Upon testing these wireframes, gathering feedback, and researching online we restructured some of our wireframes into the form we have today. We evaluated the main functions of the app and decided to remove a few of the main navigation items as main navigation items and place them as secondary functions in the top bar. We realized we were slightly breaking conventions (Consistency and Standards)by placing the settings and search in the main navigation. We also learned that not many people recognized the filter icon, so we decided to combine the functions of the search and filter screens into one search/filter screen to minimize user error as to which screen does what and simplify the interactions. We changed the main navigation's design into something that used less screen real estate and closer aligned with the application's structure. Once we decided our overall skeleton of the app, Jessica and I traded responsibilities on high-fidelity mock-up creation and icon research, Jess taking over most of the mock-up and I the icon research/asset creation.
For our high-fidelity mock-up, we chose to use orange as our main color of choice, as orange promotes excitement, action, and hunger. We wanted to entice our users to formulate thoughts around that. At this point I focused heavily into icon research and creation, letting Jessica handle the mock-up.
The icons needed to match the design of each other to promote an overall feel, and they needed to speak the user's language, so this task required me to gather feedback from our user group again in order to understand which icons would work versus what would not. Interesting results were found. For example, the icon for map/directions can be mistaken as navigation, which leads to confusing outcomes. Specifying that these are different were one of the items we ran into that we later needed to fix.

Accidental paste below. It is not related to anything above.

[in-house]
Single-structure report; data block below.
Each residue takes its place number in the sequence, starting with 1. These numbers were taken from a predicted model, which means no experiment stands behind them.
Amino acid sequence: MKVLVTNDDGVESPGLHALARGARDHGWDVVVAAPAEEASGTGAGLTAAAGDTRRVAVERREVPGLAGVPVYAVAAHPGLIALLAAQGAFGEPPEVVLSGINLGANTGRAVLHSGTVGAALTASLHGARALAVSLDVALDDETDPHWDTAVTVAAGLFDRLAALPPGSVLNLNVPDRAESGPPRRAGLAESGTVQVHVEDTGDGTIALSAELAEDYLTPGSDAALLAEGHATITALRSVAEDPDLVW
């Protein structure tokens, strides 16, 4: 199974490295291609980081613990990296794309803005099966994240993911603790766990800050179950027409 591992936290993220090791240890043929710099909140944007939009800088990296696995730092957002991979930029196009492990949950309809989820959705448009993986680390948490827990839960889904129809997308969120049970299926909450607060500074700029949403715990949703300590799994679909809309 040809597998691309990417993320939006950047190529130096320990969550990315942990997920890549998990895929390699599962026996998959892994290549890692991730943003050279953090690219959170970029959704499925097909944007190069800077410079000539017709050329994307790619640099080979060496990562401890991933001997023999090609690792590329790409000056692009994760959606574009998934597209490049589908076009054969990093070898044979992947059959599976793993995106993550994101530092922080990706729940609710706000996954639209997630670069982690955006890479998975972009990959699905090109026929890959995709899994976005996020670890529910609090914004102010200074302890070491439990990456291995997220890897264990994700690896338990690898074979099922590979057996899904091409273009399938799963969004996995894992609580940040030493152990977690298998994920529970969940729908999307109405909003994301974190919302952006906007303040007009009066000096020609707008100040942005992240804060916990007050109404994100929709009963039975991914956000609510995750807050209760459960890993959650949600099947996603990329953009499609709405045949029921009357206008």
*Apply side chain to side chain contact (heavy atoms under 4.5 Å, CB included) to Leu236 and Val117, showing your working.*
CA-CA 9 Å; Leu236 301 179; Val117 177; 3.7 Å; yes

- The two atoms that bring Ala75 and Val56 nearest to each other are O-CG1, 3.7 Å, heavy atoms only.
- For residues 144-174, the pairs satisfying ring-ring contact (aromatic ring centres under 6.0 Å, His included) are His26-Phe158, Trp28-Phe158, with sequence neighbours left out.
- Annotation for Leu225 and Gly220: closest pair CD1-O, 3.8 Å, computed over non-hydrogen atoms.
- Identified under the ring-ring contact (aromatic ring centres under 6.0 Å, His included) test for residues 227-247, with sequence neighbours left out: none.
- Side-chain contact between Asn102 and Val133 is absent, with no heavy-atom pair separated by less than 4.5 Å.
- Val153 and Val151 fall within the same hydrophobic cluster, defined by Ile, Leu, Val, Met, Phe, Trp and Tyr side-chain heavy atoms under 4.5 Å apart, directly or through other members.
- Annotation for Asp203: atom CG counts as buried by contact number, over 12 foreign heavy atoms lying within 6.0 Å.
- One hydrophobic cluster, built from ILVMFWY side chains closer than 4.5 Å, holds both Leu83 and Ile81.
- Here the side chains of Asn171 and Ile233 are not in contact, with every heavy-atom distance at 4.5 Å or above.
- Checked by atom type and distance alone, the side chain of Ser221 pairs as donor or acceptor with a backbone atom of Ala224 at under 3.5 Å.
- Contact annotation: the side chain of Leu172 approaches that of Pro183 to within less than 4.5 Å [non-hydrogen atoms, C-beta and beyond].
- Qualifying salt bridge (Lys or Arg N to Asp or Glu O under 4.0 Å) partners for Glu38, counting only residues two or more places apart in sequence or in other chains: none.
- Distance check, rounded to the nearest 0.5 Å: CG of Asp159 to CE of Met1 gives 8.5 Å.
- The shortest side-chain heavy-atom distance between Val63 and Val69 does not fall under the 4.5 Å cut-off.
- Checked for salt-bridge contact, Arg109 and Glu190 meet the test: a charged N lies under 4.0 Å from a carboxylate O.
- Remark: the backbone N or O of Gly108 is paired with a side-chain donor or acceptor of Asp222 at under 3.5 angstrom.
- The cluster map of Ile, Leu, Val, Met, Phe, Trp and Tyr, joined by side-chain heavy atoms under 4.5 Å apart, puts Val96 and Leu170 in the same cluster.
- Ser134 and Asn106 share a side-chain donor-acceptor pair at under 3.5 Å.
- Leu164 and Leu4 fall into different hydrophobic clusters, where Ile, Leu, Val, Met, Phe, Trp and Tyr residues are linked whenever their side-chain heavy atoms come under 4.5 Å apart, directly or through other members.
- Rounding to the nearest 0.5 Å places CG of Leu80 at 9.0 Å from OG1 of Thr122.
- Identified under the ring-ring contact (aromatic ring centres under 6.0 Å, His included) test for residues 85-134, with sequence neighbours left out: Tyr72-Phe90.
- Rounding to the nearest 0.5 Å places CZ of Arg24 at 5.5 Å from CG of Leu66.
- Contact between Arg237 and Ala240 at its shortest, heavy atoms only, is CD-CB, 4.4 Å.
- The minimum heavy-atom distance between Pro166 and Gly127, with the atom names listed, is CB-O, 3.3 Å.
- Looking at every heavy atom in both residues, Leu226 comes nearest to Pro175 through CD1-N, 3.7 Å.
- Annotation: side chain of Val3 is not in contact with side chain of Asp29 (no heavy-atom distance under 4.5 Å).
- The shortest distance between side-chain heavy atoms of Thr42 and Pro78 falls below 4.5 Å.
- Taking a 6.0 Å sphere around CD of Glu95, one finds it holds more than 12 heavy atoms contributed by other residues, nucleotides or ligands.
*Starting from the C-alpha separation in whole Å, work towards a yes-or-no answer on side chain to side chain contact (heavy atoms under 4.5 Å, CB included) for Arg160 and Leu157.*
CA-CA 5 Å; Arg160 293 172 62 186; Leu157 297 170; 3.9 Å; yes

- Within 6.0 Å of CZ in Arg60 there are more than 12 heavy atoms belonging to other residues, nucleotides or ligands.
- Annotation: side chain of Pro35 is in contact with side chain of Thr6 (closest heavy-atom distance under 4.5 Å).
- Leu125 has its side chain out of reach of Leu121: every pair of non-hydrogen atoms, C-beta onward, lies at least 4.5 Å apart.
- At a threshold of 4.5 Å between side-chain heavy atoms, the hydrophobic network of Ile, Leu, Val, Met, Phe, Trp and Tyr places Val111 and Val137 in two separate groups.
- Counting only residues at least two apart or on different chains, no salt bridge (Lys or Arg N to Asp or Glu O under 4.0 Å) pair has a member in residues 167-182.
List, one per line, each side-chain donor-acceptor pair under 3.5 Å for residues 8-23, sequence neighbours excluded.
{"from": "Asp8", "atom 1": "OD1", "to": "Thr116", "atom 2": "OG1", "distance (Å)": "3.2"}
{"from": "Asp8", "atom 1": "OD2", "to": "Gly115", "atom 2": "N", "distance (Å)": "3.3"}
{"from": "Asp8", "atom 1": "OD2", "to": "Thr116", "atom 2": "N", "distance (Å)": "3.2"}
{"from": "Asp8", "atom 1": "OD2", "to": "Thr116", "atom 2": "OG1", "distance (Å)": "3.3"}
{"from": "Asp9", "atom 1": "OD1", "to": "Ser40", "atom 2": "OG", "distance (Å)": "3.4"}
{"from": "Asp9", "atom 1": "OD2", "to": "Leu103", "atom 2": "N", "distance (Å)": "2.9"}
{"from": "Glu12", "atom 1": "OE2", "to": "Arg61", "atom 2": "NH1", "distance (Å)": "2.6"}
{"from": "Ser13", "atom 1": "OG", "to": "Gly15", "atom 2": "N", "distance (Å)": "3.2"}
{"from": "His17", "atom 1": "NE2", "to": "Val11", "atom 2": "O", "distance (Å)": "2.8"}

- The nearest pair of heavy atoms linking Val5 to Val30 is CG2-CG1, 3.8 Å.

Once the high-fidelity mock-up was completed, we handed it over to our developers to let them finish a working prototype. For the interest of time on the project, we were restricted from doing in-depth user reviews on this mock-up.
The prototype was finished and we gathered some people to test out our app in the Greater Lafayette area. The participants were to use the app as they would in a regular setting with restaurants, ice cream parlors, etc. in the area. Upon usage of the app, we found that there was a 90% satisfaction rate of our application with our test participants. The feedback we recieved were very similar, with some differences. Many of our participants said our app was very intuitive and easy to understand. It functioned how they would use it, in most cases. There were in fact some things that we need to address, however, in future's time.
Adding a new list to favorites from deal description screen required users to enter the name of the list, select it, then close out the add list screen. This would cause error as users may not remember to select the list. We also found some errors with a couple of the food icons we used. These icons may look similar to other food genres in our app, which would cause some error.
This is as far as we could get with our app, as this was our semester senior design project. This project, however, is still evolving and changing. We are currently in the mix of modifying. Overall, this project taught me good amount of wisdom in regards to working in a UX team to create a product. I look at this project as one of the most valuable, as not only did it grant me exposure to application creation, it allowed me to flex my UX muscles and work in a UX team for the first time. I'm really grateful for being able to participate in this design and work with three others who are awesome people.